For some, asking for help with anything is difficult. Maybe you’re embarrassed or feel like you’ll be exposed as a failure. For others, admitting they need help feels like a sign of weakness. Depending on your upbringing and surroundings, you might have been conditioned to avoid displaying any such signs at all costs.
When the problem you need help with is addiction, additional factors come into play. What will people think about you or your family? Will you lose your job? These fears can lead people to come up with a variety of excuses to delay seeking treatment. Let’s look at the seven most common excuses drug addicts use to avoid rehab and how you can overcome them.
#1 – I Don’t Have a Problem
This is probably the number one excuse used by people struggling with addiction. Denial is a powerful thing. Those fears we mentioned earlier can work in the back of your mind to keep you from confronting the reality of your situation.
Be real with yourself. Is your habit causing negative consequences in personal relationships, at work or with your health? Have you tried to stop or even just reduce how often you use only to fall back into the same destructive routine? These are signs that you need help.
#2 – The Only Person I’m Harming is Myself
When your days are consumed with thoughts of finding your next high, you’re unplugged from the family, friends and co-workers around you. As you let your responsibilities slip, others are having to pick up the slack. Your actions can cause legal, financial, physical and emotional damage to those you love.
#3 – I Can’t Afford Treatment
Many people who get wrapped up in addiction find themselves struggling financially. The prospect of paying for an extended stay in a residential rehab facility can seem overwhelming. However, most insurance programs cover some level of substance abuse treatment. Some programs offer scholarships or payment plans to help those without insurance.
#4 – My Life Is Unbearable Without Drugs
If you turned to a substance to deal with unresolved trauma, anxiety, depression or other painful circumstances, it can feel like there aren’t any other answers. The truth is, addiction only makes matters worse. Drugs and alcohol alter the natural biological processes in place for regulating emotions and brain activity. Withdrawals can push the pain you were previously feeling to even more uncomfortable levels. Dual diagnosis treatment can help you recover from the combination of mental health issues and addiction.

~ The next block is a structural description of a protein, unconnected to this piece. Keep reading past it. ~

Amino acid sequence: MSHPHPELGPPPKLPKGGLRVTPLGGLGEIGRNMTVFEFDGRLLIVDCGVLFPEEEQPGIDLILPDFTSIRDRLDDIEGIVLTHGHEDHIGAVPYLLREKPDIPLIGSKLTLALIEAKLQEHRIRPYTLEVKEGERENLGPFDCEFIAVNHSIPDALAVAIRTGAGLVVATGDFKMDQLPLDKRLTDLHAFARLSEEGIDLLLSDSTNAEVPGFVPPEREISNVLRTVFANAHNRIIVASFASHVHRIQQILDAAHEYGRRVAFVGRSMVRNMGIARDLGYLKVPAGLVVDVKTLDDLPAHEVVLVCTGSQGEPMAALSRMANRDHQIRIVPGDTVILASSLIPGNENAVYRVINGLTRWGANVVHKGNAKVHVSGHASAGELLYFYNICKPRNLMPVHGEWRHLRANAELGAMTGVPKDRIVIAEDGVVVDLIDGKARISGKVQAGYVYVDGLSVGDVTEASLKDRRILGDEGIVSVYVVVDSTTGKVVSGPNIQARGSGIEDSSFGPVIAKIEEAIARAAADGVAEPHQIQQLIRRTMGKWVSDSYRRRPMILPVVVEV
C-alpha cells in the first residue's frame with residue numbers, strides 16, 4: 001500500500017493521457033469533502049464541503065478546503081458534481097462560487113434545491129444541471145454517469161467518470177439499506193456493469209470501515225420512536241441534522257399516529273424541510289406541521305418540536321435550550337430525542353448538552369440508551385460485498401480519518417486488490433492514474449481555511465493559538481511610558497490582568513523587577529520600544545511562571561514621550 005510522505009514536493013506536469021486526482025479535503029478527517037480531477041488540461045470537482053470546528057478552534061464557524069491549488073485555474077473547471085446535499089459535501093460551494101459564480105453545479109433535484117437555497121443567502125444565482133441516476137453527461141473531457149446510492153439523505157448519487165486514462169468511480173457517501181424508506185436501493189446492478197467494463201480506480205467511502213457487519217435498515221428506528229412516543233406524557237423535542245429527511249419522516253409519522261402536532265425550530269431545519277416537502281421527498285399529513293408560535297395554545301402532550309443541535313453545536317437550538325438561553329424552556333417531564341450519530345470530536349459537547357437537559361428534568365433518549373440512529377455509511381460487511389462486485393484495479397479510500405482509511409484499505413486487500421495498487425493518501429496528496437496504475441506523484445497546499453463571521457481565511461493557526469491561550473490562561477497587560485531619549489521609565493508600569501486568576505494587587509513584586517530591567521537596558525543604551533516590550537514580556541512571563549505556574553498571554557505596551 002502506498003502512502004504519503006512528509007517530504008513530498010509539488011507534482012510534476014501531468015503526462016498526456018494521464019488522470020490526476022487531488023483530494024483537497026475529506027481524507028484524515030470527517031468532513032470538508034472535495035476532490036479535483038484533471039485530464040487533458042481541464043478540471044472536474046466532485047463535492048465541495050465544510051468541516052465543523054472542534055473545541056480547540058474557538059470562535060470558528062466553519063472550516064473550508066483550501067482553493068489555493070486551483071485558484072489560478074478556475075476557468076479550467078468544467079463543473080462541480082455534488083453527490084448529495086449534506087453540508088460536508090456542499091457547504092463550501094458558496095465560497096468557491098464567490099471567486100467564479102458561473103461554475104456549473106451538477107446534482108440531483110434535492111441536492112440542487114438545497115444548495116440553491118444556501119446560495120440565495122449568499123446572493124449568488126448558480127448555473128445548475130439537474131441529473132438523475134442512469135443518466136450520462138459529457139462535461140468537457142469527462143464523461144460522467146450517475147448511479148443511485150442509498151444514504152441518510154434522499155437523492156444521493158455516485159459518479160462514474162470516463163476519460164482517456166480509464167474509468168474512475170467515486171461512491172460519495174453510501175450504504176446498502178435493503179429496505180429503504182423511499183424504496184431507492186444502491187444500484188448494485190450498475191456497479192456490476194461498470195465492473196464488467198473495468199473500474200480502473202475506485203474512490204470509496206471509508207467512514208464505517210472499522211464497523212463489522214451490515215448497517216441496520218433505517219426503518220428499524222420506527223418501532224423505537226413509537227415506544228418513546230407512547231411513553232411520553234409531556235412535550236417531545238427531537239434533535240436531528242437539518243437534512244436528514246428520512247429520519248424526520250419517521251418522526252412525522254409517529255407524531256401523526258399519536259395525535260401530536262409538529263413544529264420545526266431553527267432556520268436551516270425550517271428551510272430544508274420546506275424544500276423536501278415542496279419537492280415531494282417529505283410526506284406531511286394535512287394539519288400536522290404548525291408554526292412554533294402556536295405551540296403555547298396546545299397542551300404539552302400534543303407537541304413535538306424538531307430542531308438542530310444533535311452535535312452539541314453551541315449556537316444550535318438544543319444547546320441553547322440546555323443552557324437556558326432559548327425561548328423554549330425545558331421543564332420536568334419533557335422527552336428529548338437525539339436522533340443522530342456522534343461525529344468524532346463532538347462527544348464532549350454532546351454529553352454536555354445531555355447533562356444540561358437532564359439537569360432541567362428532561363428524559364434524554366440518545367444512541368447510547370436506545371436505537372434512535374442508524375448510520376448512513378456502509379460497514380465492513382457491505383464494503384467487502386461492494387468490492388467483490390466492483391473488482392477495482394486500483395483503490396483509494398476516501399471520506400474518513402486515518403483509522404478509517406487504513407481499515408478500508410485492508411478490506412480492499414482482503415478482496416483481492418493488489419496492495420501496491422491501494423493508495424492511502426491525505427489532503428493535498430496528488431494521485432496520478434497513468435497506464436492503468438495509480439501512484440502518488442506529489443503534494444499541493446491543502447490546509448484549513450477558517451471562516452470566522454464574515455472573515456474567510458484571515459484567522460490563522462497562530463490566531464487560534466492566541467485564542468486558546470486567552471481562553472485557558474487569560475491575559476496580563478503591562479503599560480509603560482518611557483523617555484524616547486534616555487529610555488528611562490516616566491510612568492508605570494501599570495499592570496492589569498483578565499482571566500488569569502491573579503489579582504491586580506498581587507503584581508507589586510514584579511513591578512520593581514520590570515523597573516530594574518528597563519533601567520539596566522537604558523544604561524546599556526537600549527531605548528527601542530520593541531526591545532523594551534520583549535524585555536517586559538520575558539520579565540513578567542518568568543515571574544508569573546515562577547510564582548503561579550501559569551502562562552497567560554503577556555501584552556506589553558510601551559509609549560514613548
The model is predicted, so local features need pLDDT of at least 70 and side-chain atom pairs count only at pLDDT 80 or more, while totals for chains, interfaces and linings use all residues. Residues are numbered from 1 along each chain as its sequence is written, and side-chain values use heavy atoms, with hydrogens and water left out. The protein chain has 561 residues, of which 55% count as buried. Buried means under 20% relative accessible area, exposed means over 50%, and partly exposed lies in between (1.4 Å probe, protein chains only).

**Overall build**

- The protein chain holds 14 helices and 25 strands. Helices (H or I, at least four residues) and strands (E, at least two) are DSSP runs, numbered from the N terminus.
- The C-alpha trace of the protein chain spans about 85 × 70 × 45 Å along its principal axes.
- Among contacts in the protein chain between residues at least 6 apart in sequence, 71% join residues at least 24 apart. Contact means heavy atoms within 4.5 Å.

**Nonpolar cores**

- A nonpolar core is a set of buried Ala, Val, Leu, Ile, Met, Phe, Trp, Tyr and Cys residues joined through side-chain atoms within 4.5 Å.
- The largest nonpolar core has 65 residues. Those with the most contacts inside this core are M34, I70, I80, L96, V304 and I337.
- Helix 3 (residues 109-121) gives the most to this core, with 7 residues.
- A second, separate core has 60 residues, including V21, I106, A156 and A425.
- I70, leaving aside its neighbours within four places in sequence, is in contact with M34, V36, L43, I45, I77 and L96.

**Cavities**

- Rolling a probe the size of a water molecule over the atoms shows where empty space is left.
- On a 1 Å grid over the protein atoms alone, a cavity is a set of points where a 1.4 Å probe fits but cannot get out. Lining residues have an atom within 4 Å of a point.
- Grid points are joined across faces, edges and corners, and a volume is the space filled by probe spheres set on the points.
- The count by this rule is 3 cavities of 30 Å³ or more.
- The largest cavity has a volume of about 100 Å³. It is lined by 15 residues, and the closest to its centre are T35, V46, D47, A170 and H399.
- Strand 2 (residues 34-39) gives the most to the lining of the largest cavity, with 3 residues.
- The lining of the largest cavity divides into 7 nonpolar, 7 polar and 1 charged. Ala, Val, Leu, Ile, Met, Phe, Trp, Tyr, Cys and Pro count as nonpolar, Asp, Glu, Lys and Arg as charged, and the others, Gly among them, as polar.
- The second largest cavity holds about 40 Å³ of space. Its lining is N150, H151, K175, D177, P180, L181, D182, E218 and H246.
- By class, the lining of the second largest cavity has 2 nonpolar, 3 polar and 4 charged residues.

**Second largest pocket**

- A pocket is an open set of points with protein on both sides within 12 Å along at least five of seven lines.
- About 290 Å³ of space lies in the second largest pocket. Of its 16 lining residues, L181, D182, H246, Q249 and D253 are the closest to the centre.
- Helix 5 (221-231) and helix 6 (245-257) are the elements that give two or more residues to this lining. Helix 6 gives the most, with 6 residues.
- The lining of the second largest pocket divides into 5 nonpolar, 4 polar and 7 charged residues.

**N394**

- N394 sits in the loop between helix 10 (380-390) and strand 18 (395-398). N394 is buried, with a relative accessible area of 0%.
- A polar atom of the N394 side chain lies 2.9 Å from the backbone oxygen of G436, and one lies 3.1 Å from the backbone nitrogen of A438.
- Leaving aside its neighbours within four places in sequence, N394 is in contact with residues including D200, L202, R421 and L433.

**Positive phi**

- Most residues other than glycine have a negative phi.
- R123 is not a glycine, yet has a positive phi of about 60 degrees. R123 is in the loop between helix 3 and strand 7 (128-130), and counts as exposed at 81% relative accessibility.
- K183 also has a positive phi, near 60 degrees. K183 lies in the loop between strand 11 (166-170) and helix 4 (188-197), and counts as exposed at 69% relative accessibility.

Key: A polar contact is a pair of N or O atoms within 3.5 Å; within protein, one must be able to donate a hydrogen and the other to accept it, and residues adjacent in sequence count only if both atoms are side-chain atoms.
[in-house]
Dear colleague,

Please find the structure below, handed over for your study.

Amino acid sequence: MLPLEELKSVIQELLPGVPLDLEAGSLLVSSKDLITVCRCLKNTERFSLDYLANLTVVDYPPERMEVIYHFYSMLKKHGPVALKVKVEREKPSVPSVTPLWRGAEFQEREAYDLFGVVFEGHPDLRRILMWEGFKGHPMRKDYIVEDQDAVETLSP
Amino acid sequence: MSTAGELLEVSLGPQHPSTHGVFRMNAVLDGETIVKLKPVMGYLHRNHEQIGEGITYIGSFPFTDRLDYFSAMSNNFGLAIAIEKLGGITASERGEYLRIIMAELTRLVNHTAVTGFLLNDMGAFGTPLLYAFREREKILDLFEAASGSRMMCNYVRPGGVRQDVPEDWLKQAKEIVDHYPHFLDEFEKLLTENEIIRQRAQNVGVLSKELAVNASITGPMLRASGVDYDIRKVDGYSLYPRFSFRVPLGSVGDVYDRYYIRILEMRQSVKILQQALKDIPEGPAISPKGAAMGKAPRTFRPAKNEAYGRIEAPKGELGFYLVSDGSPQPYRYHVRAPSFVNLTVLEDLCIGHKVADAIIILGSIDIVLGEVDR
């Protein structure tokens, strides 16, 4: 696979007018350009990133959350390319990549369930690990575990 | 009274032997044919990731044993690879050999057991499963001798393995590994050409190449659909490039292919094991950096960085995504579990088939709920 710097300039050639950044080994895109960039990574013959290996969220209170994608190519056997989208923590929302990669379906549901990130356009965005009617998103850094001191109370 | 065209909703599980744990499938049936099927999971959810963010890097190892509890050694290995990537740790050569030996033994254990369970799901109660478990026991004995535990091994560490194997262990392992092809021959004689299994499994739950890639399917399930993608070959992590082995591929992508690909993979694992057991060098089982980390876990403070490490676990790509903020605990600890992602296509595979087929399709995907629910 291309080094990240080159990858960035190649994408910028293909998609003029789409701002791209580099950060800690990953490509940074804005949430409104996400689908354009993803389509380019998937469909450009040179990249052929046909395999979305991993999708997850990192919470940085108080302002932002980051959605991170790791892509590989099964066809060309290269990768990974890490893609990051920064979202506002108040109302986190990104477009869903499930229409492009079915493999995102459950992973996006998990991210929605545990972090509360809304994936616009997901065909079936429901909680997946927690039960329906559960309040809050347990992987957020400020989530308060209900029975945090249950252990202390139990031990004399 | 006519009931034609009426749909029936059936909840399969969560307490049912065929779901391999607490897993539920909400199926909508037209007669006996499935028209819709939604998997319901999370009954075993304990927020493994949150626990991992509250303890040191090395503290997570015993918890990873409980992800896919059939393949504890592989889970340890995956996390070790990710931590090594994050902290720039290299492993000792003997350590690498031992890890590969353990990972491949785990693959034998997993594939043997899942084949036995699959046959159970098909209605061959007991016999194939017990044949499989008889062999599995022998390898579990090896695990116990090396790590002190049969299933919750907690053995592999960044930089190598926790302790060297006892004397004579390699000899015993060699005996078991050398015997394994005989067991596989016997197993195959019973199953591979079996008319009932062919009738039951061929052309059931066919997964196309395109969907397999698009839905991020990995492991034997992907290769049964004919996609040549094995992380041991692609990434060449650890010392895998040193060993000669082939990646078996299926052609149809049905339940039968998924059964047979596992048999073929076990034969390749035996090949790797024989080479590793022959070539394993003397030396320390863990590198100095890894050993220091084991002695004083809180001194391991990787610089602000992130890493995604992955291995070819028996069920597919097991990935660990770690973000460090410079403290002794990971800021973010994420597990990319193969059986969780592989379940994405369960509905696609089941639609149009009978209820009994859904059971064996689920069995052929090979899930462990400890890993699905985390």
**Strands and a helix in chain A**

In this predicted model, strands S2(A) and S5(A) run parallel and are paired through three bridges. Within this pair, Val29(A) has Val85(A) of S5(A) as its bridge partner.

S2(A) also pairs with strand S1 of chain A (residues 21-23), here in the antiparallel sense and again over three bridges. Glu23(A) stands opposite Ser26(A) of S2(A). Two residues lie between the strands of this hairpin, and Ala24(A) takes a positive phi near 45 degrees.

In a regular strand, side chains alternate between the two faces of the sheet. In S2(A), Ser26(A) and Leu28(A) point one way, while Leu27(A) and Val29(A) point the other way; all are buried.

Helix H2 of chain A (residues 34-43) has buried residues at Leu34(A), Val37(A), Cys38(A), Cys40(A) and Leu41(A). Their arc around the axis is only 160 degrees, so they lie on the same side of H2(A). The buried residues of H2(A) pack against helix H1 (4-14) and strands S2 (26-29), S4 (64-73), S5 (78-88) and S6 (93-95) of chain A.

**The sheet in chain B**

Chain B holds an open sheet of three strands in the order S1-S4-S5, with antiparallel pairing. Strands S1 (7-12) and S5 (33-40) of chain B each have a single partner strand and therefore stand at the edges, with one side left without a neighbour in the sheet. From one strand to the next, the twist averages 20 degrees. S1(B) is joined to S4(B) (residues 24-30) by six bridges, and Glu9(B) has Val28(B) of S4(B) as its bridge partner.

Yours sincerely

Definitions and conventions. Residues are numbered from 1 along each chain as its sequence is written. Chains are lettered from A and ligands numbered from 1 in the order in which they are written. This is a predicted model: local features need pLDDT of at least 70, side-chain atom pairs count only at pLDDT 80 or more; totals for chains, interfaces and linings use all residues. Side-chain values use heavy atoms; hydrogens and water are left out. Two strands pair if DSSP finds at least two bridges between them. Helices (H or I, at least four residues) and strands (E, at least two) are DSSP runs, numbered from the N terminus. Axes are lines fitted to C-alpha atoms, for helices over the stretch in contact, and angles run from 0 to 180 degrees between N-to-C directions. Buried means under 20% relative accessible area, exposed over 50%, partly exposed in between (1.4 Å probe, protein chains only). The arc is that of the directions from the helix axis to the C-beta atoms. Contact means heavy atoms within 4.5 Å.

#5 – All My Friends Use, and I Don’t Want to Be Alone
When you’ve been mired in addiction, you may feel as though the only people who truly understand you are those trapped in the same situation. The thought of leaving those relationships behind can be scary. However, when you enter treatment, you will find there are other people who can identify with where you are and where you have been in your struggles. You can develop new, healthier friendships where substance abuse isn’t the motivation for spending time together.
#6 – I Tried Treatment Before and Ended Up Using Again
Relapse is an unfortunately common experience for many trying to recover from addiction. That doesn’t mean that treatment is ineffective. It merely underlines how difficult it can be to heal from this disease. But even those who relapse multiple times are still capable of achieving recovery.
#7 – My Family Needs Me Here
That’s right. Your family does need you: the version of you before addiction began stripping away your judgment, personality and health. They want you to get better, and rehab can help them heal from addiction as well.
Stop Making Excuses and Start Making Progress
The textbook definition of an excuse is a reason used to justify a fault or offense. Stop trying to rationalize something that you know is causing yourself and those you love unjust harm.
At Footprints Beachside Recovery, we help people understand the nature of addiction and its underlying causes. Our program can provide you with the tools you need to reduce the risk of relapse and regain control of your life. Talk to one our admissions specialists today and learn how you can begin healing from addiction.